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United States Department of Agriculture

Agricultural Research Service

Research Project: WATER QUALITY IMPROVEMENT FROM MANAGEMENT PRACTICES IN AGRICULTURAL WATERSHEDS Title: Inverse modeling with RZWQM2 to predict water quality

Authors
item Nolan, B -
item Malone, Robert
item Ma, Liwang
item Green, C -
item Fienen, M -
item Jaynes, Dan

Submitted to: Agronomy Society of America, Crop Science Society of America, Soil Science Society of America Meeting
Publication Type: Book / Chapter
Publication Acceptance Date: April 14, 2011
Publication Date: September 1, 2011
Citation: Nolan, B.T., Malone, R.W., Ma, L., Green, C.T., Fienen, M.N., Jaynes, D.B. 2011. Inverse modeling with RZWQM2 to predict water quality. In: Ahuja, L.R., Ma, L., editors. Methods of Introducing System Models into Agricultural Research. Madison, WI: Agronomy Society of America, Crop Science Society of America, Soil Science Society of America Meeting. p. 327-363.

Interpretive Summary: Agricultural systems models such as Root Zone Water Quality Model (RZWQM2) are complex and have numerous parameters that are unknown and difficult to estimate. Inverse modeling provides an objective means of automatically calibrating such models based on statistical criteria. In this chapter we describe application of parameter estimation software (PEST) to RZWQM2 models for prediction of water and N fluxes at two sites: an almond orchard in the San Joaquin Valley, California (CA), and the Walnut Creek watershed in central Iowa (IA) in a corn-soybean rotation. Inverse modeling provided reasonable fits to observed water and N fluxes and directly benefitted the modeling through: (1) simultaneous adjustment of multiple parameters, versus one-at-a-time adjustment in manual approaches; (2) clear indication of when model calibration is complete; (3) straightforward detection of parameters that are highly interdependent or insensitive to the modeling, conditions which can cause model instability; and (4) generation of confidence intervals for parameters and model predictions. Sensitivity statistics indicated that most of the RZWQM2 parameters at CA and IA could be reliably estimated from the available data. Prediction confidence intervals at CA were compared with independently measured annual water flux (groundwater recharge) and median nitrate concentration in an adjacent monitoring well as part of model evaluation. Both the observed recharge (42.3 cm/yr) and nitrate concentration (24.3 mg/L) were within the 90% confidence intervals estimated as part of the PEST optimized predictions, indicating that overall model error was within acceptable limits. This research will help model developers, model users, and agricultural scientists more efficiently, accurately, and objectively calibrate agricultural system models.

Technical Abstract: Agricultural systems models such as RZWQM2 are complex and have numerous parameters that are unknown and difficult to estimate. Inverse modeling provides an objective statistical basis for calibration that involves simultaneous adjustment of model parameters and yields parameter confidence intervals and sensitivities. This chapter presents guidelines for autocalibration of RZWQM2 by inverse modeling using PEST parameter estimation software. We describe operation of PEST in both parameter estimation and predictive analysis modes. The goal of parameter estimation is to identify a unique set of parameters that minimizes a weighted least squares objective function, and the goal of predictive analysis is to construct a nonlinear confidence interval for a prediction of interest by finding a set of parameters that maximizes or minimizes the prediction while maintaining the model in a calibrated state. Two sites with diverse climate and management were considered for simulation of N losses by leaching and in drain flow: an almond orchard in the San Joaquin Valley, California (CA), and the Walnut Creek watershed in central Iowa (IA), which is predominantly in corn-soybean rotation. Inverse modeling provided reasonable fits to observed water and N fluxes and directly benefitted the modeling through: (1) simultaneous adjustment of multiple parameters, versus one-at-a-time adjustment in manual approaches; (2) clear indication by convergence criteria of when model calibration is complete; (3) straightforward detection of nonunique and insensitive parameters, which can affect the stability of PEST and RZWQM2; (4) generation of confidence intervals for uncertainty analysis of parameters and model predictions. Composite scaled sensitivities, which reflect the total information provided by the observations for a parameter, indicated that most of the RZWQM2 parameters at CA and IA could be reliably estimated by regression. Correlations obtained in the CA case indicated that all model parameters could be uniquely estimated by inverse modeling. Parameter confidence intervals (CIs) at CA indicated that parameters were reliably estimated with the possible exception of an organic pool transfer coefficient (R45), which had a comparatively wide CI. However, the 90% confidence interval for R45 (0.03–0.35) is mostly within the range of values reported for this parameter in the literature. Predictive analysis at CA generated prediction confidence intervals that were compared with independently measured annual water flux (groundwater recharge) and median nitrate concentration in a co-located monitoring well. Both the observed recharge (42.3 cm/yr) and nitrate concentration (24.3 mg/L) were within their respective 90% confidence intervals, indicating that overall model error was within acceptable limits.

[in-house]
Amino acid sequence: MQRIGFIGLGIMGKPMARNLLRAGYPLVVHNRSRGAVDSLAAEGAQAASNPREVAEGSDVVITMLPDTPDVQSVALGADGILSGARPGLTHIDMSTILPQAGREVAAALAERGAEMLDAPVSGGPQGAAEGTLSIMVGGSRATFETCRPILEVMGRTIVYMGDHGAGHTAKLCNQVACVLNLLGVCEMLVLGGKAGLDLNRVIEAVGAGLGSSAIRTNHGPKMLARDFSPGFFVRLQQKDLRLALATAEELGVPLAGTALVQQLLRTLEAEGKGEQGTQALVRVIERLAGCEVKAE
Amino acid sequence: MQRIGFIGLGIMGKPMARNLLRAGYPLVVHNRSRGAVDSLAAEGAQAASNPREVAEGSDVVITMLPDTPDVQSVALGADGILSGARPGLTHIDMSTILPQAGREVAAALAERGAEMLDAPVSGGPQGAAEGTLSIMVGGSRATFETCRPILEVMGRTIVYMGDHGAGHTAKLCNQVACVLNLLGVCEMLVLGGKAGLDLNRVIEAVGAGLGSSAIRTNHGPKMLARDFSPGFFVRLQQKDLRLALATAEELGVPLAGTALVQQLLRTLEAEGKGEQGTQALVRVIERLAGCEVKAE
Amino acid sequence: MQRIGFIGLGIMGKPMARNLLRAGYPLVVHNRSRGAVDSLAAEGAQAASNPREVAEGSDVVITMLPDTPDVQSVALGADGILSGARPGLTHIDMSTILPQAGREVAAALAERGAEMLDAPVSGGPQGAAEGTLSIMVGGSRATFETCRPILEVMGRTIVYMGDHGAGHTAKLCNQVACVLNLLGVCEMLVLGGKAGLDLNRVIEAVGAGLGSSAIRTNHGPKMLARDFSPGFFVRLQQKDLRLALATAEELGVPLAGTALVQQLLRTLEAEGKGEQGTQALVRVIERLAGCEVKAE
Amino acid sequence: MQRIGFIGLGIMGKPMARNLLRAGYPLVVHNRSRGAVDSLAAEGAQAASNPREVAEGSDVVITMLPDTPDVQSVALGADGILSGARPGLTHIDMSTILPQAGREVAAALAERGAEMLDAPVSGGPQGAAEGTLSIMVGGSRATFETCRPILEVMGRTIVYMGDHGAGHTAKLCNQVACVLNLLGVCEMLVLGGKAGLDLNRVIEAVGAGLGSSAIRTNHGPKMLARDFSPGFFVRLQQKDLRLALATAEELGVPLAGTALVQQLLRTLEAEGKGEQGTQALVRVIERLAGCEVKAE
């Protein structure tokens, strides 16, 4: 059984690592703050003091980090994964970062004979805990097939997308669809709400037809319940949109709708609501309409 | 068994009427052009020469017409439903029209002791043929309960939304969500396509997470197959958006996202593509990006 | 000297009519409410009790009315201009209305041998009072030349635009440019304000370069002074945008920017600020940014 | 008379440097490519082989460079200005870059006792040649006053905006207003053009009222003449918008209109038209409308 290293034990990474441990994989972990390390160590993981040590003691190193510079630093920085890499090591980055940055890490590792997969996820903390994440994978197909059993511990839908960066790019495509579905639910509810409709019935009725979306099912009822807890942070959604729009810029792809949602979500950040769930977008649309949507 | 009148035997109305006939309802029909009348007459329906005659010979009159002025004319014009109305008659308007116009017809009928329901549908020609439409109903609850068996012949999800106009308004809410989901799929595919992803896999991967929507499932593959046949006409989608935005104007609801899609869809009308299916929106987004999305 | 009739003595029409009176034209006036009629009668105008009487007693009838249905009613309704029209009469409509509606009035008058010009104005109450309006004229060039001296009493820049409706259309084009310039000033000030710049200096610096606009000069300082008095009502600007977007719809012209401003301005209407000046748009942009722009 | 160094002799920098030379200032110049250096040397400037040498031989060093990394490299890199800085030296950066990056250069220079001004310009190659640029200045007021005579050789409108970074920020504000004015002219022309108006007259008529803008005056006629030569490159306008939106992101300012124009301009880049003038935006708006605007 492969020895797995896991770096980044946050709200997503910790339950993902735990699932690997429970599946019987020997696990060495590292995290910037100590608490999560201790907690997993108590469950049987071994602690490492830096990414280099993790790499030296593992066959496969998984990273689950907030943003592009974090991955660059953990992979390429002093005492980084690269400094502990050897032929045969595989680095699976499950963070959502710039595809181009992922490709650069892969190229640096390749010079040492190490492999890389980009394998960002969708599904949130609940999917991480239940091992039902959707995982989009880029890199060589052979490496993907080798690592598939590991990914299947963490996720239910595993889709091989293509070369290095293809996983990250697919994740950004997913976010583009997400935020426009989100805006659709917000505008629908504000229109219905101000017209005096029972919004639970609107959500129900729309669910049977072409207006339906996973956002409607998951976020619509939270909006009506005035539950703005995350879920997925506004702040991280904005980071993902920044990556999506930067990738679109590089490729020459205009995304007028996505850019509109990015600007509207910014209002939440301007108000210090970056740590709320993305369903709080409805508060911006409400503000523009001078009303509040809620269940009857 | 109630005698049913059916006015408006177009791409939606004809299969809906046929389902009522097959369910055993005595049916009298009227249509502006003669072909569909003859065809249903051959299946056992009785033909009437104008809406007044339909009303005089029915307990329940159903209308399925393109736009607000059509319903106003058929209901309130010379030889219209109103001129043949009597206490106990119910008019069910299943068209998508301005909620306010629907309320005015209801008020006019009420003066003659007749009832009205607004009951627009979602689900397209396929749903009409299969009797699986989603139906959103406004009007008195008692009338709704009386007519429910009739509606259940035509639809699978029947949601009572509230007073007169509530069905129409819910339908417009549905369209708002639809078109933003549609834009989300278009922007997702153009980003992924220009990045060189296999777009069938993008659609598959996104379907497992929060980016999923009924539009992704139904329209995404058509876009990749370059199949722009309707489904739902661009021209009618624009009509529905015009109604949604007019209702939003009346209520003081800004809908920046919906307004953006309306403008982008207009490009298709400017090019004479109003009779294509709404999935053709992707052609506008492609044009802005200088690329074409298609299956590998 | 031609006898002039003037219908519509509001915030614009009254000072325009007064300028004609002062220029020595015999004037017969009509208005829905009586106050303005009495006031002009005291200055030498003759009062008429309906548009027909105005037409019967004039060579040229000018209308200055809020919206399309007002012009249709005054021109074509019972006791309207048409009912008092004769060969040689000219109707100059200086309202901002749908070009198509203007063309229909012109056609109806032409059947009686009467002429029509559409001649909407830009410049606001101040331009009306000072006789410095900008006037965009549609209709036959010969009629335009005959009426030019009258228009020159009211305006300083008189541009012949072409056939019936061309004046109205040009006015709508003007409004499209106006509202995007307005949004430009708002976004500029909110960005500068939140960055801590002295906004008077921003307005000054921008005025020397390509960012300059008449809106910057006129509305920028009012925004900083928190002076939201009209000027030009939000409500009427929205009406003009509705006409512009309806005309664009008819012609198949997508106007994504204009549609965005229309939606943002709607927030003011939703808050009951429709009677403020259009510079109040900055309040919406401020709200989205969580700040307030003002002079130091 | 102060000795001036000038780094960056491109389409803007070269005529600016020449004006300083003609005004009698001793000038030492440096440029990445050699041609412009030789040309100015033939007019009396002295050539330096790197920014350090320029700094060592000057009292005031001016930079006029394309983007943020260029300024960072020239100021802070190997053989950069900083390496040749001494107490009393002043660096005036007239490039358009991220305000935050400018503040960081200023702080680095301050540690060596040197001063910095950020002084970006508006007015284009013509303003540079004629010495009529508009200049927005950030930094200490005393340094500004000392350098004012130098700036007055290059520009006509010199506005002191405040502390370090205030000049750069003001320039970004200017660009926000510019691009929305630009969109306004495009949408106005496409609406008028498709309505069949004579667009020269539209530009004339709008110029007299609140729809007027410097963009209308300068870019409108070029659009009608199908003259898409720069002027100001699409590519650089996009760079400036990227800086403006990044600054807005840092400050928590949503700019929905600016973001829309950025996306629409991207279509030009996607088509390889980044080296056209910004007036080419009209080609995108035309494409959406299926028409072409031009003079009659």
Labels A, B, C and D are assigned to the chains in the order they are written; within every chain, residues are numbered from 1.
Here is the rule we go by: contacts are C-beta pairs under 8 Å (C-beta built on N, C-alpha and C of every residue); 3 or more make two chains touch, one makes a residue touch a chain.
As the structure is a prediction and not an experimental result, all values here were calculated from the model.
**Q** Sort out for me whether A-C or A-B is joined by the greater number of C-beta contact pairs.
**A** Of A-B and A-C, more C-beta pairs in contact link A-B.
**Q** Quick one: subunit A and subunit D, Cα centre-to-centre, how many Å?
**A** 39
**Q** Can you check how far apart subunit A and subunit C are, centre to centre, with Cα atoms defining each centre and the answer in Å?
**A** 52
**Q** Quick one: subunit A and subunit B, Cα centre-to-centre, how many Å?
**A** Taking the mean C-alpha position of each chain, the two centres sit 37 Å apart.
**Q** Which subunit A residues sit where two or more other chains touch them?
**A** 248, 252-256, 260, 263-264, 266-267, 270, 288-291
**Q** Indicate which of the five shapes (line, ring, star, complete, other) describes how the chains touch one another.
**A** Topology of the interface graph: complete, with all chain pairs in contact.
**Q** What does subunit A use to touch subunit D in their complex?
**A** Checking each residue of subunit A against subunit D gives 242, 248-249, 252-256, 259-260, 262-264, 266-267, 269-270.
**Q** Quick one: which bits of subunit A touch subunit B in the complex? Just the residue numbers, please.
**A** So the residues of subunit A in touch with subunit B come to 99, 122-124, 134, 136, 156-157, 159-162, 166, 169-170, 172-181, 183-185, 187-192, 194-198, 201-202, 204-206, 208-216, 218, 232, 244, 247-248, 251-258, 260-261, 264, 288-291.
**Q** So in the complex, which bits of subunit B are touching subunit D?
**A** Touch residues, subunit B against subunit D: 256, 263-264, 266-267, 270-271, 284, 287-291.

Last Modified: 10/22/2014
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